A little under a year ago, before the Rude Baguette had sprung from its cocoon, I attended one of my first startup events in Europe. This year around, The Rude Baguette is a media sponsor to the European Pirate Summity, and here’s why:
A little under a year ago, before the Rude Baguette had sprung from its cocoon, I attended one of my first startup events in Europe. I, like most startupers, had read Michael Arrington’s infamous “Are you a Pirate?” article, where he likens entrepreneurs to pirates for their lack of risk aversity, as well as their desire to search for gold, not for the value of the gold, but for the challenge of doing so itself. With that article in mind, the European Pirate Summit was born: hosted in Cologne, Germany, the conference was dedicated to casting away European startup stereotypes, and bringing together some European pirates – the application process for attendees required proving your worthiness as a pirate. The event got much less press than its brother event, the ADVANCE Conference, which took place the same weekend – perhaps because they had an indoor venue. You see, EPS11 took place in a junkyard that normally hosts raves, and is conveniently located across the street from Germany’s most infamous brothel, Pascha. You can read a re-cap of the whole event here, but needless to say it was legendary.
So you can imagine how happy I was to hear about EPS12 being announced – The Rude Baguette jumped on board as a Media Sponsor right away. This year’s event is going to blow last year’s out of the water. They’ve already got Wrapp’s CTO lined up to speak – though Wrapp hasn’t even launched in France yet, they’ve already been featured in TechCrunch France, due to the Wrapp-clone “DropGift” which came out of the Samwer’s clone factory. They’ve also recently been publicly working on getting 500 Startups’ Dave McClure to attend – they went all the way to Atherton to his Blackbox accelerator program just to send their pirate invitation in a message in a bottle.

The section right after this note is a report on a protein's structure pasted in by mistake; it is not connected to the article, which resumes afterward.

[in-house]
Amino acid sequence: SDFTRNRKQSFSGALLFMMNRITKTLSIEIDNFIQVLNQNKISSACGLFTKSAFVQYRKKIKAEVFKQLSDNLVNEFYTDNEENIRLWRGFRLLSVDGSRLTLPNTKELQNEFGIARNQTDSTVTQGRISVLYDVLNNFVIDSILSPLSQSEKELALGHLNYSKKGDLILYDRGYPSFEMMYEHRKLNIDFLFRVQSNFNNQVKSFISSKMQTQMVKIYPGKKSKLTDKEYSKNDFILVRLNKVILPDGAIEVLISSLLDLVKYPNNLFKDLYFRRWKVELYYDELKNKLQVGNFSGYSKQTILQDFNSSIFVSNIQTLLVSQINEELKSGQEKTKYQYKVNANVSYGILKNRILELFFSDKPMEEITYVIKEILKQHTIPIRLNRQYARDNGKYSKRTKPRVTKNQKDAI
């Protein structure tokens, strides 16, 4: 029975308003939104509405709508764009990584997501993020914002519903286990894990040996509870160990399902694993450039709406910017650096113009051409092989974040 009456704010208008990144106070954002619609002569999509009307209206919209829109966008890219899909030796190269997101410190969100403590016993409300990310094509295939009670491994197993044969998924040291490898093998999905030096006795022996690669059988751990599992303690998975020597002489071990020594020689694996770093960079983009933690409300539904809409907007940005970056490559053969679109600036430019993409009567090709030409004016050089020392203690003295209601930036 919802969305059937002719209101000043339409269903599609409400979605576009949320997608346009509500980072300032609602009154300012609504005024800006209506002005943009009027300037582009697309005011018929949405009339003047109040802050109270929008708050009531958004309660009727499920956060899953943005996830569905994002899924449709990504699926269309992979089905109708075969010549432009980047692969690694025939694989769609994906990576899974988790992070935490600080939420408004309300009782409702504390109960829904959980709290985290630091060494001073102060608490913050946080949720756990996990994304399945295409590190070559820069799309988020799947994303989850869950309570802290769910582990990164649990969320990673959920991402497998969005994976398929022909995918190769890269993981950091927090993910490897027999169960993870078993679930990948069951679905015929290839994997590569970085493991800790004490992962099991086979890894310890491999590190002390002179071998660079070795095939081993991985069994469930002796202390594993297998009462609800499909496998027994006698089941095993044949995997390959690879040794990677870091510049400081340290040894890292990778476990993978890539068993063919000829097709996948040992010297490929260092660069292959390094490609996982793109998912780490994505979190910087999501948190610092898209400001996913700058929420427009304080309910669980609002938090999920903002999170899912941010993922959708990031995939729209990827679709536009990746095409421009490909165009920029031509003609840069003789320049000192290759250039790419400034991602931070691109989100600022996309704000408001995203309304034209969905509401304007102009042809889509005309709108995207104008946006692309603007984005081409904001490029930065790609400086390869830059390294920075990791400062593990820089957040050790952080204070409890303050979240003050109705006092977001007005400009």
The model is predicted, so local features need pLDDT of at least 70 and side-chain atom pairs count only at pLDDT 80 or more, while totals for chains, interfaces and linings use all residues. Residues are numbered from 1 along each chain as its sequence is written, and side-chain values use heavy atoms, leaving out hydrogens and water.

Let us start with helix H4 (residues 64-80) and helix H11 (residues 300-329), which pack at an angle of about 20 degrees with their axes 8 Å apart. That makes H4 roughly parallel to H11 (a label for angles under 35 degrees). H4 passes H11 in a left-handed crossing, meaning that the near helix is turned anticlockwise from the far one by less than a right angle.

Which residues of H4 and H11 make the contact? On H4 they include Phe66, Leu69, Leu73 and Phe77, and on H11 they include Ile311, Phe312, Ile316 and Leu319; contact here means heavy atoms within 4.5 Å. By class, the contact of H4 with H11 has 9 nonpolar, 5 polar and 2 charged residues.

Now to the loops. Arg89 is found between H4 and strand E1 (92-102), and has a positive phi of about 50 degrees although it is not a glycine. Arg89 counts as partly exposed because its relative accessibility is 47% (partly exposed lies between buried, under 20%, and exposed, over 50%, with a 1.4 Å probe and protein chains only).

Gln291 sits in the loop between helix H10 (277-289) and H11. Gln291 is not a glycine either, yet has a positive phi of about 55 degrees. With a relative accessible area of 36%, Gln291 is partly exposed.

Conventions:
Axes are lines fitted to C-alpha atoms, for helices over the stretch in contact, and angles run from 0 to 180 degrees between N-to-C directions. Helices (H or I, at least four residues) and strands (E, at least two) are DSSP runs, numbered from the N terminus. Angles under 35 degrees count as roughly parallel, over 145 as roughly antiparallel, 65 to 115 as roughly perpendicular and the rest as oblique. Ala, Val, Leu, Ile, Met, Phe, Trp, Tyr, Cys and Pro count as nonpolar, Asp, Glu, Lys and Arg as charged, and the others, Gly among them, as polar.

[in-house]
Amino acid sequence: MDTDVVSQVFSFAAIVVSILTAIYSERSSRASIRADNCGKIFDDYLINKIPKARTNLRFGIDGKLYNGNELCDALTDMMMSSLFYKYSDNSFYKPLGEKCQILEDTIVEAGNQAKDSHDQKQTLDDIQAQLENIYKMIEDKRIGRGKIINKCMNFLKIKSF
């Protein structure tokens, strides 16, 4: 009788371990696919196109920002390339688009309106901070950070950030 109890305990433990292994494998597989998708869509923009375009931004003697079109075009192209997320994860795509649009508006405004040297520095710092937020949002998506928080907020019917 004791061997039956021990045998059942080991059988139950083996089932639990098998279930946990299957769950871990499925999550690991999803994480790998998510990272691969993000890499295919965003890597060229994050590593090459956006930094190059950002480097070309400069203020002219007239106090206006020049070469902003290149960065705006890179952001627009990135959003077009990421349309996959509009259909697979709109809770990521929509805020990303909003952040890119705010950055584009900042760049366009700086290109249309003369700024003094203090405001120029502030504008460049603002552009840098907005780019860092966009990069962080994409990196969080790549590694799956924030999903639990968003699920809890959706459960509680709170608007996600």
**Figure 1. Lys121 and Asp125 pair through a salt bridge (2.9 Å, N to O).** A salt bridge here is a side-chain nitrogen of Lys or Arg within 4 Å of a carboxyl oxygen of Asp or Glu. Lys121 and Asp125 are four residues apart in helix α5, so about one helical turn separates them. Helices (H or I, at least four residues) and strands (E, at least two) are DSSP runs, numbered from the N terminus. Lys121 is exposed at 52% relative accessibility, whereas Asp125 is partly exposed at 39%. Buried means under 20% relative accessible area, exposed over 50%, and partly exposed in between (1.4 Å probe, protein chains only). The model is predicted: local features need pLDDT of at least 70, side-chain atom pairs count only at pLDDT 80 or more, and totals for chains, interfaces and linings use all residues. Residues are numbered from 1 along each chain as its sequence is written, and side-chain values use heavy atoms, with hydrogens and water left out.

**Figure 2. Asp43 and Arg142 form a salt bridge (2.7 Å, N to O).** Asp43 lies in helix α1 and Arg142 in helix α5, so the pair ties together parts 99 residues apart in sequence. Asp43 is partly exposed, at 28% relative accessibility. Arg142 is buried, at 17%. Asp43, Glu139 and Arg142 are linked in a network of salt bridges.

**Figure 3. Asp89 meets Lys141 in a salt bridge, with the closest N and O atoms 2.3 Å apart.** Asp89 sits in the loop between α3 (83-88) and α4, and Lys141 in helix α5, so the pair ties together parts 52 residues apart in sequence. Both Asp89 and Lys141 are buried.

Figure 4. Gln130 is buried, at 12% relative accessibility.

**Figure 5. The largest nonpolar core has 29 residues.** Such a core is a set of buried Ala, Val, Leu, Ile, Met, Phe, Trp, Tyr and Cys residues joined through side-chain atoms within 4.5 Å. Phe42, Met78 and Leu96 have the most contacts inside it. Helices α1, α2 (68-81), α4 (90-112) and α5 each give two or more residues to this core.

What really matters in a Startup Competition – it’s reputation
I’ve seen plenty of startup competitions – the prizes are usually loaded (free services, potential investment opportunities, etc.) and really aren’t the point of the competition. It’s a great way to get feedback, and if the reputation of the startup competition is good enough (TechCrunch50, SXSW, LeWeb, TNW conference, etc.) then it’s a great opportunity for any startup. I kept close with the startups I met at EPS11 – I watched GetGauss launch private beta, and then public beta in SXSW last month, as well as going to the London Web Summit. The startup that were selected last year went on to do something, and everytime they had an announcement to make, they shared it with the EPS11 facebook group (yeah – we have a private facebook group), and everyone passed iton. This is why YOU should definitely sign up for the Startup Competition this year. I will personally be at the event this year, and if I bug them enough they may even let me moderatea talk, and I will be looking to see Europes best stARRRRRtups.
What makes an event a must-attend is the same thing that makes a band worth seeing over and over again – the experience. The Pirate Summity is honest about where Europe is at, they are critical of it’s flaws, and they are adament about it’s improvement. There is a passion in the air during the conference that is reminiscent of the Silicon Valley – people are proud of their startups, VCs are selling themselves to you, and journalist have enough material for a month.